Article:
Wednesday, 18 October 2017

My mother died happy... no thanks to the NHS

A WOMAN is backing Sue Ryder’s campaign to improve care for the terminally ill.

A WOMAN is backing Sue Ryder’s campaign to improve care for the terminally ill.

Clare Sherriff, whose mother Yvonne Johnston died at the charity’s hospice in Nettlebed last year, says everybody should be able to die in comfort.

She has shared Mrs Johnston’s story in a new report called A Time And A Place, which calls on the NHS to provide better services for patients in their final days.

The document, part of Sue Ryder’s Dying Isn’t Working campaign, says many people would choose to die in pain if it meant they could stay at home.

According to the charity’s research, almost two-thirds of the UK’s population would prefer to die at home but just 27 per cent believe this would be painless.

The report says everyone should have access to a “hospice at home” service offering pain relief and emotional support.

It also says hospital care should be improved where dying at home is not an option.

Mrs Sherriff, who lives in Medmenham with her husband David, has praised Sue Ryder for the way it looked after her mother.

However, she has echoed the charity’s concerns that others are denied a similar level of care.

Mrs Johnston, of Phyllis Court Drive, Henley, was diagnosed with pancreatic cancer in September last year and passed away, aged 86, just before Christmas.

She decided not to have treatment because of her age and opted for palliative care instead.

She was referred to Sue Ryder by Mrs Sherriff’s friend Elise Hoadley, who was then manager of the hospice at Joyce Grove.

One of the charity’s nurses visited her several times a week and gave advice on diet, medication and managing symptoms.

In October, Mrs Johnston was taken to the Royal Berkshire Hospital in Reading for an overnight blood transfusion after her health suddenly declined.

But the following morning, she caught a nurse looking through her handbag while another nurse forgot how much blood she had been given.

When she reported this to a doctor, Mrs Sherriff says he became cross with her.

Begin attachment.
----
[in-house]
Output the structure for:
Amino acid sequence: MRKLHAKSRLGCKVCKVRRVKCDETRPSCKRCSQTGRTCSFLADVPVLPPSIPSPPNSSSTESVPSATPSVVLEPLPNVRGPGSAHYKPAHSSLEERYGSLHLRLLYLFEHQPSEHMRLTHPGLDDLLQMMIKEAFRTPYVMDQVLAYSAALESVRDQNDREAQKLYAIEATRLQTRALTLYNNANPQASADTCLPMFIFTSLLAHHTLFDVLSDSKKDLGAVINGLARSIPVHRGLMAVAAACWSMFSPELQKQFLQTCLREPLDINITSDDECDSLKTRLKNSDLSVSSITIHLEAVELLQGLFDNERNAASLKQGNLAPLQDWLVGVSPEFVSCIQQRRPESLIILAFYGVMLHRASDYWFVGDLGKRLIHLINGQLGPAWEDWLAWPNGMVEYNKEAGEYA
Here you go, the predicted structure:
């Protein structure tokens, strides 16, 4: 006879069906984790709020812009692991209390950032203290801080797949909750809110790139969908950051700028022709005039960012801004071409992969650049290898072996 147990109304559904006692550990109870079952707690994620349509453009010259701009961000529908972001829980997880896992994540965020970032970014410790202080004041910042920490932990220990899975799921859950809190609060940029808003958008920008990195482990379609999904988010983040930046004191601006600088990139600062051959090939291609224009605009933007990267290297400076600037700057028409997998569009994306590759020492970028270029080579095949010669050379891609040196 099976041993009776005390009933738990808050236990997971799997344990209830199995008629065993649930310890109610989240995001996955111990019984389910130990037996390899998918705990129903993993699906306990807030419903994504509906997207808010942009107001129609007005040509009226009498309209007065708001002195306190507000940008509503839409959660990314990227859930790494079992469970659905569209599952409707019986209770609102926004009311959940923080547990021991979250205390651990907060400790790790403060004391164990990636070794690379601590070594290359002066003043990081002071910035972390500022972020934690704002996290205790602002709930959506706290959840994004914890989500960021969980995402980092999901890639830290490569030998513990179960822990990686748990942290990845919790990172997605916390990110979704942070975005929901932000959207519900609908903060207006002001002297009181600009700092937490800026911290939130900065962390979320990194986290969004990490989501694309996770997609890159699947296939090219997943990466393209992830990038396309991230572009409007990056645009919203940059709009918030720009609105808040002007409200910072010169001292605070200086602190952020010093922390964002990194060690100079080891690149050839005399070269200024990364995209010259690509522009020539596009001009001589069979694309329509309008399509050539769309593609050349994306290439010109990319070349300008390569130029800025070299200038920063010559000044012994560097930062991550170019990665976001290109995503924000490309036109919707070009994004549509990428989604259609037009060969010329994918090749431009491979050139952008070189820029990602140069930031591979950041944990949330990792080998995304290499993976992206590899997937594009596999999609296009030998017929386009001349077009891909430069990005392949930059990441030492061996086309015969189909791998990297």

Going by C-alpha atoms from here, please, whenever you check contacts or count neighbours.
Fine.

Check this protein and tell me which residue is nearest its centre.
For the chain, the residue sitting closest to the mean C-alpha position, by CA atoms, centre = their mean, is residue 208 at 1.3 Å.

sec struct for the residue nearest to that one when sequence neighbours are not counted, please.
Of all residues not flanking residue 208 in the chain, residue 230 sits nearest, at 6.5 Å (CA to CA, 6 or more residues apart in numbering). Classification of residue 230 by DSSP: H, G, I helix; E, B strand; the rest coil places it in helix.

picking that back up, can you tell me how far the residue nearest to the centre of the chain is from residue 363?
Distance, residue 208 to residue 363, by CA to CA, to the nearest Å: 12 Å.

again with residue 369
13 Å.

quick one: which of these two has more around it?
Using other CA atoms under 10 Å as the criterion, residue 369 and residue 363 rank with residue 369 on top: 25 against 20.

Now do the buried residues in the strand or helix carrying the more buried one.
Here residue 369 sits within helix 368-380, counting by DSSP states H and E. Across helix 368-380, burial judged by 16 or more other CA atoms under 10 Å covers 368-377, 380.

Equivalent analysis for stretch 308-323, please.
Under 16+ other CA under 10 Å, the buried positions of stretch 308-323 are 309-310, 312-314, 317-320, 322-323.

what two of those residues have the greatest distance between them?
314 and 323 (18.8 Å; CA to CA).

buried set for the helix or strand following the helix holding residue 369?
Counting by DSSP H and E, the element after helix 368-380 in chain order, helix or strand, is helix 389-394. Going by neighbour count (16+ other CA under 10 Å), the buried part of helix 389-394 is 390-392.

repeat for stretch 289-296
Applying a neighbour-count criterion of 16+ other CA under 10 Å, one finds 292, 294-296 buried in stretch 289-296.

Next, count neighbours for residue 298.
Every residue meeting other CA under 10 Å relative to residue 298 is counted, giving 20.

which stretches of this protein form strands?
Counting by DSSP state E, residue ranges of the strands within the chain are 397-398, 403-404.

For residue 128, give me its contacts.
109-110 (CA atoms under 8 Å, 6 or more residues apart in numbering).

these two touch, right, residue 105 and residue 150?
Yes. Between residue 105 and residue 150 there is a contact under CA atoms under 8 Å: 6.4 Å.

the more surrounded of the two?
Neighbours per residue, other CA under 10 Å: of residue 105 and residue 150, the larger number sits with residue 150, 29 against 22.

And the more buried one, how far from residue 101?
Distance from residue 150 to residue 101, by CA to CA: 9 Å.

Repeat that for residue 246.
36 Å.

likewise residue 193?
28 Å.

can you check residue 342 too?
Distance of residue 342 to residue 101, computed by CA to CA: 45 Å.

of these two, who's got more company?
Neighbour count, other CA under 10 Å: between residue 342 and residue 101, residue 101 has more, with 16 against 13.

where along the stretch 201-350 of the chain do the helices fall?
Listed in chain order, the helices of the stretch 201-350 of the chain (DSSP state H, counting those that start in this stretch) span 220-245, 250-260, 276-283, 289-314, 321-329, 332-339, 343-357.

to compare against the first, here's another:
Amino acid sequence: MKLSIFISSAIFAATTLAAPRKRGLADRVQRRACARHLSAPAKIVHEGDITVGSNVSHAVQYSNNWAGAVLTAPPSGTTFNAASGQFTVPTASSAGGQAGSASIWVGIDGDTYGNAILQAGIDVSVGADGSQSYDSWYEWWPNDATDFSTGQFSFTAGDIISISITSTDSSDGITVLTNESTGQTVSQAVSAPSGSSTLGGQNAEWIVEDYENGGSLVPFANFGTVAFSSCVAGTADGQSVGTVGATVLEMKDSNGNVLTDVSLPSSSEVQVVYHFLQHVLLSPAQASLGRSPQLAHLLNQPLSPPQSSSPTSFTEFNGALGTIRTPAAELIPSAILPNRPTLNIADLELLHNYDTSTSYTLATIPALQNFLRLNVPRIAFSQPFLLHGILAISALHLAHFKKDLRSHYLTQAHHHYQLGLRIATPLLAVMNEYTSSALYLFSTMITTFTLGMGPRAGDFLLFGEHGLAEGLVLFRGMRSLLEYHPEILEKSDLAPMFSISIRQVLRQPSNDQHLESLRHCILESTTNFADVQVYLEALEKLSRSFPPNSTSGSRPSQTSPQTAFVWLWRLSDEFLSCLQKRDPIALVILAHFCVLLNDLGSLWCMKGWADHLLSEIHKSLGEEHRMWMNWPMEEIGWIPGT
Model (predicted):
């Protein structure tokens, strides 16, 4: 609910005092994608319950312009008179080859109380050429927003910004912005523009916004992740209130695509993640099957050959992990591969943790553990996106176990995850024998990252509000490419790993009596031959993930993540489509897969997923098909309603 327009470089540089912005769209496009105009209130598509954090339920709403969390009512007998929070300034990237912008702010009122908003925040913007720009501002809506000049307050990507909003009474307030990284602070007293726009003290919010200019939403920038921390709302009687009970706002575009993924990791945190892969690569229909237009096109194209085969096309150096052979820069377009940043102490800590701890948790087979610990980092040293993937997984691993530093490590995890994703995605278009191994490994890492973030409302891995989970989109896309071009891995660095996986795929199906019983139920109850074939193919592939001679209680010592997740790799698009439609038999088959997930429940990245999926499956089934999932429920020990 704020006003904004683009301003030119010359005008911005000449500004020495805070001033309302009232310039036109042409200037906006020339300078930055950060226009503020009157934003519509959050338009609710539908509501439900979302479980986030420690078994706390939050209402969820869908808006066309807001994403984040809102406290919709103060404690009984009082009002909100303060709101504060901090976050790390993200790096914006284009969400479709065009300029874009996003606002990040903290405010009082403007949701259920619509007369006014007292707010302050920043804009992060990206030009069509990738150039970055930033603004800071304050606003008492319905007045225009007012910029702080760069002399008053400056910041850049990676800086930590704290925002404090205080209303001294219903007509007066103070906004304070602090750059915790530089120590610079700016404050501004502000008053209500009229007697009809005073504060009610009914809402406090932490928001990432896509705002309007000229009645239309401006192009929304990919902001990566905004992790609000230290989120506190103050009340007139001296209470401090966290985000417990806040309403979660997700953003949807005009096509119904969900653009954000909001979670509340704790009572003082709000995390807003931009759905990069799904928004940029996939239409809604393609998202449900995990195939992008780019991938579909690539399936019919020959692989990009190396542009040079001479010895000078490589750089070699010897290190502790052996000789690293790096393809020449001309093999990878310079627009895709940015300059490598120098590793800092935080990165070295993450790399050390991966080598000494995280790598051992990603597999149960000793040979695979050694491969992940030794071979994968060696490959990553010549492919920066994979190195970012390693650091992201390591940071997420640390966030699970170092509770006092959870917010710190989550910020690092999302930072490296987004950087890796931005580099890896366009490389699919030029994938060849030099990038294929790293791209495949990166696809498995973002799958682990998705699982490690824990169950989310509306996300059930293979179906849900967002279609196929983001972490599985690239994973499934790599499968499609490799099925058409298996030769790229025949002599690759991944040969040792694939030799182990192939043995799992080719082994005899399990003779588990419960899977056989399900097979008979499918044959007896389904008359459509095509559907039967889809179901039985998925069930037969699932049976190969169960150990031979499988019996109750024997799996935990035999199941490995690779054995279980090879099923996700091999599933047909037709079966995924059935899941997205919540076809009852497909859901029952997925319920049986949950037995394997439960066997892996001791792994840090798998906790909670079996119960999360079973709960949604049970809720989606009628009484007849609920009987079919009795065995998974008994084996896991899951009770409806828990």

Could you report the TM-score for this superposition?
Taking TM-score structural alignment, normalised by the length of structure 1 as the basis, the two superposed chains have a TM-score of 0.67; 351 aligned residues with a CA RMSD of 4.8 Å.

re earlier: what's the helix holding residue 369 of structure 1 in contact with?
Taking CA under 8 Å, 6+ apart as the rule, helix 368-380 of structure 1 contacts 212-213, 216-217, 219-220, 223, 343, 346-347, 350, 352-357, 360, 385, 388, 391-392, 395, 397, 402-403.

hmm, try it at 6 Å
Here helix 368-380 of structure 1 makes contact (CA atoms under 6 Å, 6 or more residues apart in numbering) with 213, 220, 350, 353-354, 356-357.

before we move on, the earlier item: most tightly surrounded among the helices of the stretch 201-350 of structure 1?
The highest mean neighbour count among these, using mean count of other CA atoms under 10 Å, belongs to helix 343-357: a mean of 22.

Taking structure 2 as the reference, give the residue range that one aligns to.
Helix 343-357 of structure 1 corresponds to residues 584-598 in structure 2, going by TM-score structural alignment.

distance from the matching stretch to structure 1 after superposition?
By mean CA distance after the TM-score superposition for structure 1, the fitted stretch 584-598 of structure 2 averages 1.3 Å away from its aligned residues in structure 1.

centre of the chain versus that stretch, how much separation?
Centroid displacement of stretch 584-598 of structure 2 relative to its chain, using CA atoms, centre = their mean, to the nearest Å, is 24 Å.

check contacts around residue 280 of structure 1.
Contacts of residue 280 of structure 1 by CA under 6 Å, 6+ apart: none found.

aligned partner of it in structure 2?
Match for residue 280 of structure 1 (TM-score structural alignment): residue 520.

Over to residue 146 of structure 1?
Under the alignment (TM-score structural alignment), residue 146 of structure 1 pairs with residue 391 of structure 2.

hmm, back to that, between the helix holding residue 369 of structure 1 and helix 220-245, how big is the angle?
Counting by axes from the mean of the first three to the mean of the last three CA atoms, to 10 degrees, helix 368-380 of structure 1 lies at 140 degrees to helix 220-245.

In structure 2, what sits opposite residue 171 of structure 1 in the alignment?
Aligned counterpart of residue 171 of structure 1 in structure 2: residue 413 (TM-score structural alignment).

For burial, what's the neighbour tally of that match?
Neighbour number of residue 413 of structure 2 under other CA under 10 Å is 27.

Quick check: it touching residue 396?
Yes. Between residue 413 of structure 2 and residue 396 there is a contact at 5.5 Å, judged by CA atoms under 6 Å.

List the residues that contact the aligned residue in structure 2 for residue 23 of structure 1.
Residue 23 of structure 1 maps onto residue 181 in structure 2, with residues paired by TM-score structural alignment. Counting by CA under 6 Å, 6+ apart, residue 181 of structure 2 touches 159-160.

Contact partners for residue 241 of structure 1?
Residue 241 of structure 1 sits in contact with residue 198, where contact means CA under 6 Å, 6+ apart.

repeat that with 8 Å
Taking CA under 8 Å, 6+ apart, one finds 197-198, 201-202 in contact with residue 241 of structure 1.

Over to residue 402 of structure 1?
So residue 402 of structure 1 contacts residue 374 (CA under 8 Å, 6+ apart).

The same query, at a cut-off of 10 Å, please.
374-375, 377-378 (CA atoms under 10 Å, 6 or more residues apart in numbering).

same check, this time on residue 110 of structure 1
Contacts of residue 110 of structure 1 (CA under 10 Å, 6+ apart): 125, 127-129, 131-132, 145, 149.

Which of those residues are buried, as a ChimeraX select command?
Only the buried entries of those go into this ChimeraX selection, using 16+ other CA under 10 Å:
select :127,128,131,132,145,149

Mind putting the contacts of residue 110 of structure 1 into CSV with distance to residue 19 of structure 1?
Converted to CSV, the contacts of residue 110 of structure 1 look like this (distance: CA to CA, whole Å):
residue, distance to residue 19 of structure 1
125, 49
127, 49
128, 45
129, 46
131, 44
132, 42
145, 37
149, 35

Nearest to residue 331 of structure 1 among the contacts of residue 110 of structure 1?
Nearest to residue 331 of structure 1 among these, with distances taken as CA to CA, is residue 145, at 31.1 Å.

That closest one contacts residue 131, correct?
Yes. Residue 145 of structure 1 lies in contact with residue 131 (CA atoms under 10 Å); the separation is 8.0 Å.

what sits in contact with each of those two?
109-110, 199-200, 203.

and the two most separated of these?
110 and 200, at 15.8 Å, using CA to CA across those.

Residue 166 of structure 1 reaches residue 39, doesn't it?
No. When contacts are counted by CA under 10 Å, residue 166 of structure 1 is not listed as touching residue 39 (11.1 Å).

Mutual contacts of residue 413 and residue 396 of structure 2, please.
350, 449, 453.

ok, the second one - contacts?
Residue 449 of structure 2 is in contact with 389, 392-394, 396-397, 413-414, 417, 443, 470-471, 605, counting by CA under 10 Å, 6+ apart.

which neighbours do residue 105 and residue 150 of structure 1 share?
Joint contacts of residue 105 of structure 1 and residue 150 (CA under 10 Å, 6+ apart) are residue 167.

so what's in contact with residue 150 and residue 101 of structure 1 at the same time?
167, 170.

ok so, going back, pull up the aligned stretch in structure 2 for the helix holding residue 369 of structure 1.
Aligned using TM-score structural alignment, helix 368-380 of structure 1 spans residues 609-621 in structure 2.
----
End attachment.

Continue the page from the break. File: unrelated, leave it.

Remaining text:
Mrs Johnston chose not to complain but decided she would rather die at home than return to hospital.Mrs Sherriff said: “It is very clear to me now that the system does not work for everyone. My mother was left unsupported at the most frightening time of her life.

“She didn’t know which way to turn and neither did we. We had no idea what choices were available to us. Sadly, I am left with the conviction that the NHS cannot always provide an acceptable standard of care for the terminally ill.”

Later that month, Mrs Johnston became seriously ill again and began coughing up blood.

Her Sue Ryder nurse referred her to the hospice, where she underwent two transfusions. She returned home two weeks later.

At the time, she wrote in her diary: “From believing my luck had run out to regaining my peace of mind — Clare took me to meet Elise at the Sue Ryder hospice.

“[It was] such a professional place and Elise herself warm, sympathetic, sweet and straightforward — she and Clare have lifted the weight from my shoulders.”

Mrs Sherriff said: “She came out feeling like a new woman. For the first time since the diagnosis, she experienced the feeling of going somewhere and coming out feeling better for a while.

“People think hospices are just places where you go to die but a lot of people go there and end up feeling an awful lot better.

“The standard of nursing that she received was something we didn’t believe existed in today’s world. It was quite remarkable.”After returning home, Mrs Johnston’s condition continued to worsen. She returned to the hospice as she could no longer cope at home with her symptoms and died on December 19.